Prohibition does nothing to curb the supply or the demand of these drugs, but it certainly enriches the corporatocracy and gives the State immense power over our personal freedom. It creates a void in the demands for drugs and those voids are filled with even more dangerous substances such as fentanyl.

We should have learned the lesson that prohibition only causes greater harm, during the miserable attempt at alcohol prohibition from 1920 to 1933. When the government attempted to ban alcohol, its production and distribution shifted to the black market, and people suffered and died.

But we did not.

Reports of blindness and death were common as people attempted to make their own alcohol but failed to realize the dangerous by-products that can be produced. Bootleg alcohol fueled violent criminal gangs exploiting prohibition for financial gain. We are seeing the exact same scenario play out today as cops are frequently caught participating in the criminal trade of fentanyl.

There will always be demand for psychoactive drugs, and there will always be supply to meet this demand. If government attempts to ban substances, making it a little harder for some people to get things like cocaine or heroin, they will synthesize some other, more dangerous substance and the overdose problem will only get worse. Until this drug war is brought to a screeching halt, all we can do is expect more of the same.

Drug Distributor And Former Execs Face First Criminal Charges In Opioid Crisis

Originally published @ NPR
by RICHARD GONZALES, April 23rd, 2019

A major pharmaceutical distribution company and two of its former executives are facing criminal charges for their roles in advancing the nation’s opioid crisis and profiting from it.

Rochester Drug Co-Operative, one of the nation’s 10 largest pharmaceutical distributors in the U.S., was charged with conspiracy to distribute controlled narcotics — oxycodone and fentanyl — for nonmedical reasons and conspiracy to defraud the United States. Former CEO Laurence Doud III and former chief of compliance William Pietruszewski also were charged.

RDC and Pietruszewski also were charged with willfully failing to file suspicious order reports to the Drug Enforcement Administration.

Between May 2012 and November 2016, the company received and filled more than 1.5 million orders for controlled substances from its pharmacy customers. However, it reported only four suspicious orders to the DEA. According to the complaint, the company failed to report at least 2,000 suspicious orders.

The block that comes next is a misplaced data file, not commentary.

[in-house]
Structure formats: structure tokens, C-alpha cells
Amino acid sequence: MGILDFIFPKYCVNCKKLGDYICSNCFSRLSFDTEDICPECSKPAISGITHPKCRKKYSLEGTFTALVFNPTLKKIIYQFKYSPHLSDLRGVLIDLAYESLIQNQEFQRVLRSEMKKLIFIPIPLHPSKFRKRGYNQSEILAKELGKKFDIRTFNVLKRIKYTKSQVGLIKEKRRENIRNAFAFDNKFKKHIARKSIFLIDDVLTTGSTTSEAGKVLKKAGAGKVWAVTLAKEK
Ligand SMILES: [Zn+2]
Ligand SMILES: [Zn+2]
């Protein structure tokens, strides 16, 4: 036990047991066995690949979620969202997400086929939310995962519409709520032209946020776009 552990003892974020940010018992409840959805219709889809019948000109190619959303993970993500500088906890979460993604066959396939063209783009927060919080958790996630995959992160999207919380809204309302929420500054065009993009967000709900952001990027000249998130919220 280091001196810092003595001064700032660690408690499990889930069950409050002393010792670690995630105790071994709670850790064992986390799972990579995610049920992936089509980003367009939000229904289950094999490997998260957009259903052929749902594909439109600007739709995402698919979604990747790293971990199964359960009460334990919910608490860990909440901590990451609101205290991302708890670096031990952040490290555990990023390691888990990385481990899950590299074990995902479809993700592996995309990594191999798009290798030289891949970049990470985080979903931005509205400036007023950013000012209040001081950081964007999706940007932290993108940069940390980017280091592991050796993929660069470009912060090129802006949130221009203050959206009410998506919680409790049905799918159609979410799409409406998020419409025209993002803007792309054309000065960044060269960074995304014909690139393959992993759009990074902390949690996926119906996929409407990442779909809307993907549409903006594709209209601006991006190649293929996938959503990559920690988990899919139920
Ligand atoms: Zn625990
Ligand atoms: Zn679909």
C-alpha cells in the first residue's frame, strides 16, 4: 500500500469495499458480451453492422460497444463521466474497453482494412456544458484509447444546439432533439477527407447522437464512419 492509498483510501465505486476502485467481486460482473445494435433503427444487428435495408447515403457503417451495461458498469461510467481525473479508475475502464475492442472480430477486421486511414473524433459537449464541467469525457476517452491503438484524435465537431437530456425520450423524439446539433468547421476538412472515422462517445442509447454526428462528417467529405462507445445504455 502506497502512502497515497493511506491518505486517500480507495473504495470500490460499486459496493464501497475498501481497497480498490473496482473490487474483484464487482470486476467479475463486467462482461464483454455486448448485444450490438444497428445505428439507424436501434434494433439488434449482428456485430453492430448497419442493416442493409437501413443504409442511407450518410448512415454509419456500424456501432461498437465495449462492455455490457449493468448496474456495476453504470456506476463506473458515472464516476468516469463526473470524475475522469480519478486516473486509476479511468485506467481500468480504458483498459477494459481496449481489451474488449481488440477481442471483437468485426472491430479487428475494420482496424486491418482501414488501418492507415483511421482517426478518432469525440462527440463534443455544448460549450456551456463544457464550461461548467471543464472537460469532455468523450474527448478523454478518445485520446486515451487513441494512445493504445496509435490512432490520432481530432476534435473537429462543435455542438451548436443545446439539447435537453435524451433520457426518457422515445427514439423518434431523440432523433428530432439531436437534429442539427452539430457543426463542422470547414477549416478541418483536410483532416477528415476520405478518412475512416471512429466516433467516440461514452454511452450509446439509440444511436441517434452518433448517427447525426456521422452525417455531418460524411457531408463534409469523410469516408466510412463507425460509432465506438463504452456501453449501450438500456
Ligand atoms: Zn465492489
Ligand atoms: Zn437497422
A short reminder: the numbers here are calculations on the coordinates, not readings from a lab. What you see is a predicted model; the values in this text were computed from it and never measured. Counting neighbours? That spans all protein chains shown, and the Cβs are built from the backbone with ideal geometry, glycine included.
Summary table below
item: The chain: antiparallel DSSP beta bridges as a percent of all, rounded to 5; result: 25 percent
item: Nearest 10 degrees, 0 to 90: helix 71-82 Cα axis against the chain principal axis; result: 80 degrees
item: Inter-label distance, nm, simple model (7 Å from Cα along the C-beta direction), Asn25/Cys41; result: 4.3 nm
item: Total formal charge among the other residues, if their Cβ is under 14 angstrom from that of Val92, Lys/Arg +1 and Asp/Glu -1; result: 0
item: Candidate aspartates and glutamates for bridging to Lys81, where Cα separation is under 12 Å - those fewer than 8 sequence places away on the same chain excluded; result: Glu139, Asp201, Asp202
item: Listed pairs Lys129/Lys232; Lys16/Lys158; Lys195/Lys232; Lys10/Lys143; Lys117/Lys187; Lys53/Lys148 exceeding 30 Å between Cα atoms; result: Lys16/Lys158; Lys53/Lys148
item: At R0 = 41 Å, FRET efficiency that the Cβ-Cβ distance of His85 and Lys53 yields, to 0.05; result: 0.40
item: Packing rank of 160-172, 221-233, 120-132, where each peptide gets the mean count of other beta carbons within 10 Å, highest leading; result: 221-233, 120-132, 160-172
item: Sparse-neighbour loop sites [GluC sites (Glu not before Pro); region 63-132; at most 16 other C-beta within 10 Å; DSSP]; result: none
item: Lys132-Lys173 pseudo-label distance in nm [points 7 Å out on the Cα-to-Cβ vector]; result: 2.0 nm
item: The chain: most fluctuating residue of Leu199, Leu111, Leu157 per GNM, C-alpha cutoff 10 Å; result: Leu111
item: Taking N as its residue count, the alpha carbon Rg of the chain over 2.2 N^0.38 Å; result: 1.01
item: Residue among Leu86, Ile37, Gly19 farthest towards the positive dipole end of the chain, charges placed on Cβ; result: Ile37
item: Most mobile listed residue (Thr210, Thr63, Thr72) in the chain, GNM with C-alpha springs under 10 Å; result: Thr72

“This prosecution is the first of its kind: executives of a pharmaceutical distributor and the distributor itself have been charged with drug trafficking, trafficking the same drugs that are fueling the opioid epidemic that is ravaging this country,” U.S. Attorney for the Southern District of New York Geoffrey Berman said in a statement. “Our Office will do everything in its power to combat this epidemic, from street-level dealers to the executives who illegally distribute drugs from their boardrooms.”

U.S. Attorney for the Southern District of New York Geoffrey Berman announces charges against Rochester Drug Co-Operative at a news conference.Mary Altaffer/AP

Pietruszewski, 53, pleaded guilty last week. Doud, 75, surrendered to authorities and pleaded not guilty in federal court in Manhattan on Tuesday.

Both executives face maximum sentences of life in prison and a mandatory minimum prison term of 10 years on the drug trafficking charges. They face a maximum five years in prison on the charge of defrauding the government.

The Rochester, N.Y.-based company is a middleman between drug manufacturers and local independent pharmacies. It supplied more than 1,300 pharmacies and earned $1 billion per year during the relevant time period.

According to the U.S. Attorney’s statement:

“From 2012 to 2016, RDC’s sales of oxycodone tablets grew from 4.7 million to 42.2 million — an increase of approximately 800 percent — and during the same period RDC’s fentanyl sales grew from approximately 63,000 dosages in 2012 to over 1.3 million in 2016 — an increase of approximately 2,000 percent. During that same time period, Doud’s compensation increased by over 125 percent, growing to over $1.5 million in 2016.”

The company has agreed to pay a $20 million fine and submitted to three years of independent compliance monitoring.

“Today’s charges should send shock waves throughout the pharmaceutical industry reminding them of their role as gatekeepers of prescription medication,” said DEA Special Agent in Charge Ray Donovan.

“We made mistakes,” company spokesman Jeff Eller said in a statement. “RDC understands that these mistakes, directed by former management, have serious consequences. We accept responsibility for those mistakes. We can do better, we are doing better, and we will do better.”